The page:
On enhancing the Wilderness Experience and Premium membership

Starting yesterday, Premium members began to receive a survey via e-mail from Linden Lab seeking ways to improve the Wilderness Regions. I’ve actually no objections to surveys to a point – they do tend to point to linden Lab trying to seek some input from users, even if the surveys are somewhat weighted in a certain direction.

The focus of the survey was to gain feedback on how to make the Wilderness Regions more popular, and included a range of suggestions, thus:

LL’s suggestions for improving the Wilderness Experience

I’m not going to go anywhere near the suggestions themselves, as tempting as some of them are for poking at (I appreciate that people do come to SL looking for “dates” etc., but speed dating? In a jungle?!).

I’m also not going to offer up any suggestions on “improving” the current Wilderness regions myself per se, because Alex Hayden has pretty much hit the nail squarely on the head on that subject of offering up improvement ideas.

My only real response to Linden Lab on the subject of providing anything like the Wilderness Experience on a permanent basis is: stop it. Period.

I’ve no problem with these ideas being rolled-out as a means of previewing new capabilities that are coming into Second Life (as was originally the focus of the Linden Realms game). I’ve no objection to such previews being offered-up to Premium members ahead of the rest of the SL populace. This is worthwhile as it gives people the opportunity to get a look and feel for things ahead of roll-out, see how they might be used, etc. Combined with test areas where people can fiddle and play with new tools as well (as with pathfinding), then the preview idea has a lot of merit. Indeed, it is because I thought the Wilderness Experience was a means to preview pathfinding, I avoided being overly critical when it was launched.

However, I’m firmly opposed to LL sprouting “attractions” of their own all over the grid. As I commented on Twitter last night:

Which I don’t think is an unreasonable stand-point, given it is precisely how Rod Humble has described what should be the case.

Yet the company keeps muddying the waters. On the one hands, they’re hands-off for SL9B to the point of refusing to even provide a modest number of sims, on the other they’re tipping the table somewhat to assist a major reseller while also offering-up environments that, quite frankly,while novel in their own right could be done a hell of a lot better by users.

Again, I’ve not going to delve into the broader argument on LL’s approach, as Alex really has said just about all that needs to be said on the matter – and I again strongly recommend you read his piece.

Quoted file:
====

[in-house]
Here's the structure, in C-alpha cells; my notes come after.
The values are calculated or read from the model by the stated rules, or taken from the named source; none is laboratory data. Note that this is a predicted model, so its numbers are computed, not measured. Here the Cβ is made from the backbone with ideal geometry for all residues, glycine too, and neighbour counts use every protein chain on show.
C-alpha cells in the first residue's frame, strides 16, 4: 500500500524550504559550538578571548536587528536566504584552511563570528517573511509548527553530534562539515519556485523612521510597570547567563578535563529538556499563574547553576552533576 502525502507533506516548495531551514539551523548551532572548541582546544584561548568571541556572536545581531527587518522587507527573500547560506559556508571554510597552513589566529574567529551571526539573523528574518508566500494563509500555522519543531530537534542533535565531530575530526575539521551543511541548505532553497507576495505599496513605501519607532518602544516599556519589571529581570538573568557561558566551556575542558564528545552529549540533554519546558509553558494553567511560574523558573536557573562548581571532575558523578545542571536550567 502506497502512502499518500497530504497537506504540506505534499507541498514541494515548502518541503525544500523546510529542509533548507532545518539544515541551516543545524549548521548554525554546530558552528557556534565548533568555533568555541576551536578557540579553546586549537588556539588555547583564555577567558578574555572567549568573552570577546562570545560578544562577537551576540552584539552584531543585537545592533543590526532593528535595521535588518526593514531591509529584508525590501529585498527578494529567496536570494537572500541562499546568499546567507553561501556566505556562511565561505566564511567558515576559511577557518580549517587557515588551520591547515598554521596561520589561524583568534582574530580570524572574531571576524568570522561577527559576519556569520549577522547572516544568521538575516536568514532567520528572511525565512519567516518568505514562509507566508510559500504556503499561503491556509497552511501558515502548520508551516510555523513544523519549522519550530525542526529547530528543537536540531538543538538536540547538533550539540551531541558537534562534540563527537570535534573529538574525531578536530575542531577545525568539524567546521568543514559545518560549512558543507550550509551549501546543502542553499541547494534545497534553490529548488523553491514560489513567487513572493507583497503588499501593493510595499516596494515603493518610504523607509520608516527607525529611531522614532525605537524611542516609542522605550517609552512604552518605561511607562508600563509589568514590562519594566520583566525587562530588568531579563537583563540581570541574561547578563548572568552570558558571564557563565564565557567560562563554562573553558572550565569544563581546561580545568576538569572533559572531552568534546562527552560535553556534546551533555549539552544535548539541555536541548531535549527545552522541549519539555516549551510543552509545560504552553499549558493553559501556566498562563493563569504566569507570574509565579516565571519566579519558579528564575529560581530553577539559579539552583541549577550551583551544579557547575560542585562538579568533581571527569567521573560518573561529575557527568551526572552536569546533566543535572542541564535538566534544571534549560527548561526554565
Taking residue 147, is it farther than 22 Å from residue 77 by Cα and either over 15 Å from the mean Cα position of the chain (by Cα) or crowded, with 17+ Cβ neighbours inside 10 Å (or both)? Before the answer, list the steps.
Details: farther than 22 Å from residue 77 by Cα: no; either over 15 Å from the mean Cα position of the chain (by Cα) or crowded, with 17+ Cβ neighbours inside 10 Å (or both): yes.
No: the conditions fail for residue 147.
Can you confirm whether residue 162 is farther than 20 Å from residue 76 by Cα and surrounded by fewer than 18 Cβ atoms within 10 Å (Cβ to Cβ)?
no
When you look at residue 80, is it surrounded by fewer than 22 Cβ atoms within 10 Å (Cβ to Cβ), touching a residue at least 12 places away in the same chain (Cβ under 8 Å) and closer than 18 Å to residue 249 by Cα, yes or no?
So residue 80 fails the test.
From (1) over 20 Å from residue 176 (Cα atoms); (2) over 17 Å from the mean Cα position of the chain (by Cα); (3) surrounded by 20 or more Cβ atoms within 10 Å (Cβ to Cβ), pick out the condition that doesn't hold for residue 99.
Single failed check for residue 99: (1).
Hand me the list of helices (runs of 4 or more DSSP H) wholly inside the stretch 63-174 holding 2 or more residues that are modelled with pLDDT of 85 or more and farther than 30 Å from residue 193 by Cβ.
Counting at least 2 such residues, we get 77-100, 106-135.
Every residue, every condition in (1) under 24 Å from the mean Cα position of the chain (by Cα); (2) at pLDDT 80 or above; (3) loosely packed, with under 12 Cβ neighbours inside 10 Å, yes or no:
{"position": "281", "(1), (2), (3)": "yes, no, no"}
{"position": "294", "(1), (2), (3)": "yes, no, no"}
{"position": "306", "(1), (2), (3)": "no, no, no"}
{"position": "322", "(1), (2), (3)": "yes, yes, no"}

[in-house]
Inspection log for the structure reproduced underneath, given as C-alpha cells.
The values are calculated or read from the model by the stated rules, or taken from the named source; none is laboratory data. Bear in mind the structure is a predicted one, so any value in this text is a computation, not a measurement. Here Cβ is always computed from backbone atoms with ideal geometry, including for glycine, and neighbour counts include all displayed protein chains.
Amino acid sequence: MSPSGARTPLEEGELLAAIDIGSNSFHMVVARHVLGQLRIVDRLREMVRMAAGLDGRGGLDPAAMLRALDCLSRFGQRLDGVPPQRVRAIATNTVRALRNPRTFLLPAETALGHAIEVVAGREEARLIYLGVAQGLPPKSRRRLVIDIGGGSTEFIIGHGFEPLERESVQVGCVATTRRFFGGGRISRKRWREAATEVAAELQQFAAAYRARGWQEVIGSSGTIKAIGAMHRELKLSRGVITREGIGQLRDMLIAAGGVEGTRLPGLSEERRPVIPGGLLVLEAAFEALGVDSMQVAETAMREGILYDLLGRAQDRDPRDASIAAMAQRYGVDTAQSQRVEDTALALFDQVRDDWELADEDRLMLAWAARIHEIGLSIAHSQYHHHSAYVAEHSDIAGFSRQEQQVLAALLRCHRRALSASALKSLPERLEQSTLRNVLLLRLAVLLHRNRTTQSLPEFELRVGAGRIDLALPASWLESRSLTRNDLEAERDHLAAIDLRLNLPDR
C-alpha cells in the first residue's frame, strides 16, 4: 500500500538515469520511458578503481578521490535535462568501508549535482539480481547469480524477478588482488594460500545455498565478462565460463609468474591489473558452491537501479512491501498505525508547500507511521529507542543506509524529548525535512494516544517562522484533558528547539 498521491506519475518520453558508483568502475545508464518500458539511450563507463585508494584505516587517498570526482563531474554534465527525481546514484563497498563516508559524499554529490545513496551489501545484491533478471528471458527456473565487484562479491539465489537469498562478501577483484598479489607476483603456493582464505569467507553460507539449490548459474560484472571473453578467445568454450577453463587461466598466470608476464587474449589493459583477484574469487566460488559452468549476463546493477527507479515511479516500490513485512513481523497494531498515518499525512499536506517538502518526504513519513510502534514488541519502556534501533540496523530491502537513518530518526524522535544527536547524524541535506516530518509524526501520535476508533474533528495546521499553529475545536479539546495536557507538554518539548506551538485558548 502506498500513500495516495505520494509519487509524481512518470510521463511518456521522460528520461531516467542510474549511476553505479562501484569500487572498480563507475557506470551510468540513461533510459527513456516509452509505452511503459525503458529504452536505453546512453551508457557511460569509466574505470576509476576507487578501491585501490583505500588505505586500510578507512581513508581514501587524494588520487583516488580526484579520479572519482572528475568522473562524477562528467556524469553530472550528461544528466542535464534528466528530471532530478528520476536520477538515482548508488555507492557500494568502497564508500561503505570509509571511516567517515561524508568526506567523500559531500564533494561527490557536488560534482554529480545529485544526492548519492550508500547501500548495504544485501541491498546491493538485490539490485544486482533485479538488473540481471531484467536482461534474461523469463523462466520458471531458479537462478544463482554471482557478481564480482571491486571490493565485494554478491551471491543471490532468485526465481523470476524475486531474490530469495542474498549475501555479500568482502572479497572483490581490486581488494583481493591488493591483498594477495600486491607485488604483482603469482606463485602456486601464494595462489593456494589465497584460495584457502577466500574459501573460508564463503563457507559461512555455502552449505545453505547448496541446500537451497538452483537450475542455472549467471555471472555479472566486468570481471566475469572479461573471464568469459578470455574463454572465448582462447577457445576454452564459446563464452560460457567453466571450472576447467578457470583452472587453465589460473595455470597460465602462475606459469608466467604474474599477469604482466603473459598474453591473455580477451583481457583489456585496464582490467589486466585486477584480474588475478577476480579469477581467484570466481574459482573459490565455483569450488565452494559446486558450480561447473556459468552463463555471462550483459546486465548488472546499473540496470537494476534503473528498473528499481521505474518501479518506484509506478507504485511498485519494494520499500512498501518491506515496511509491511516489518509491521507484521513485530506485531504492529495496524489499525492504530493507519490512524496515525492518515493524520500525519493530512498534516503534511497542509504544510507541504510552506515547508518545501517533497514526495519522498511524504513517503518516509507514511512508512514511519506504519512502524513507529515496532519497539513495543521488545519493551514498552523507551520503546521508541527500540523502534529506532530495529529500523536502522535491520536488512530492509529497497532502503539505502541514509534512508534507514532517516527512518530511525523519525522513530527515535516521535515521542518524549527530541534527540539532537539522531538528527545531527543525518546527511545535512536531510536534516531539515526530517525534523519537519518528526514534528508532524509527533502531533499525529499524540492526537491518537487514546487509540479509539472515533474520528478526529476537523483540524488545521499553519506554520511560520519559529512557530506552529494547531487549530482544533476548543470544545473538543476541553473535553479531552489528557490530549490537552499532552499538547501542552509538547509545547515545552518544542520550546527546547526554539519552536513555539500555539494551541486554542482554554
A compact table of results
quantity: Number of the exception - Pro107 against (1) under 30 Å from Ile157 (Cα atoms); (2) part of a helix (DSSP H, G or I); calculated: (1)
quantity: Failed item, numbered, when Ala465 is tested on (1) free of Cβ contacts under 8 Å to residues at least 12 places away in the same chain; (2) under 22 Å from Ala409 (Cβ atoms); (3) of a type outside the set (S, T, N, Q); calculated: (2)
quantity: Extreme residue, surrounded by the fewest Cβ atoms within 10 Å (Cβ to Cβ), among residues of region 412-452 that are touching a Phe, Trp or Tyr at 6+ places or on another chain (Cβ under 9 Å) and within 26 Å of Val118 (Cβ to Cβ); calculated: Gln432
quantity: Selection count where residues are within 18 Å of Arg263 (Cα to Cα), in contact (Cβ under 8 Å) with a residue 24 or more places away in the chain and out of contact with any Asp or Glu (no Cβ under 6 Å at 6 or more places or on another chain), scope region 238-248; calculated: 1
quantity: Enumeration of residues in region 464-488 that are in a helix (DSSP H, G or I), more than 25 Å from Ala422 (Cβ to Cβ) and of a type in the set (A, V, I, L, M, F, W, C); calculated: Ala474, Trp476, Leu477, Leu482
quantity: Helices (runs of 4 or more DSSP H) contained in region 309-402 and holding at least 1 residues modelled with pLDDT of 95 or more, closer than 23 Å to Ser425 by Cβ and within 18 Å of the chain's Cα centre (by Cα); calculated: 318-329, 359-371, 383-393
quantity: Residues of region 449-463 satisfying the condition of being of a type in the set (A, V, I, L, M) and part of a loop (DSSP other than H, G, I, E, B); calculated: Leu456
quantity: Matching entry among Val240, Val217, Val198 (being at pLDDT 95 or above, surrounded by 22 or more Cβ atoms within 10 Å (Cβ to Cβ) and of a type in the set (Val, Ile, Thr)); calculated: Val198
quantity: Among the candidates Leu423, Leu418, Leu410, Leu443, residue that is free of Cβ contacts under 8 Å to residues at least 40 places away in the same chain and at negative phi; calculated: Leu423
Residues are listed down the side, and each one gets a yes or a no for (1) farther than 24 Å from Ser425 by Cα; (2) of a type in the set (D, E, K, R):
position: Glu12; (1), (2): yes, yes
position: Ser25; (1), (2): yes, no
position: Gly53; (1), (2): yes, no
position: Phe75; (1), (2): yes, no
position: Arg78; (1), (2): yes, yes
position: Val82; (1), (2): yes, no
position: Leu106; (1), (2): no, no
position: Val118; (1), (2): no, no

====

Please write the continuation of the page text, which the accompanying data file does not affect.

There is another aspect of this that does annoy me however, and this is however you look at the survey, it reads as an attempt to seek feedback from us in order to make the Wilderness Experience more attractive to new users. Indeed, when you look at the Premium package as a whole, there is very little, that has any practical appeal to the established SL user for reasons that have been covered ad infinitum elsewhere including this blog).

There is actually nothing wrong with this – up to a point – and there are certainly valid reasons for making the Premium package appeal to those coming in through the door (not the least of which is helping to relieve the burden placed on tier for revenue – tier still accounting for around 80% of LL’s revenue). The problem is in the way that everything is skewed towards the new user at the expense of the established user.

There’s actually nothing new in this per se. Linden Lab hasn’t been focused on the question of actual user retention for years; their focus has been solely on churn and maintaining equilibrium. Whether this is the right policy or not is itself a major point of debate; it is also one I’m deliberately not going to enter into here, simply because it is complex, controversial  – and somewhat outside the focus of this article.

Suffice it to say that as it stands, there is little within the Premium package that would encourage the vast majority of established Basic Account users to upgrade. Sure, I did last year, after a long period as Basic. But I knew going in that I was taking a calculated gamble, and the attraction wasn’t the benefits; simply put, if LL were going to start previewing stuff to Premium users (as with linden Realms), I was prepared to take a punt in order to be able to blog on such things. Sure, I’ve been somewhat positive to some of the benefits since that time – but the benefits alone would not have caused me to re-up to Premium last November.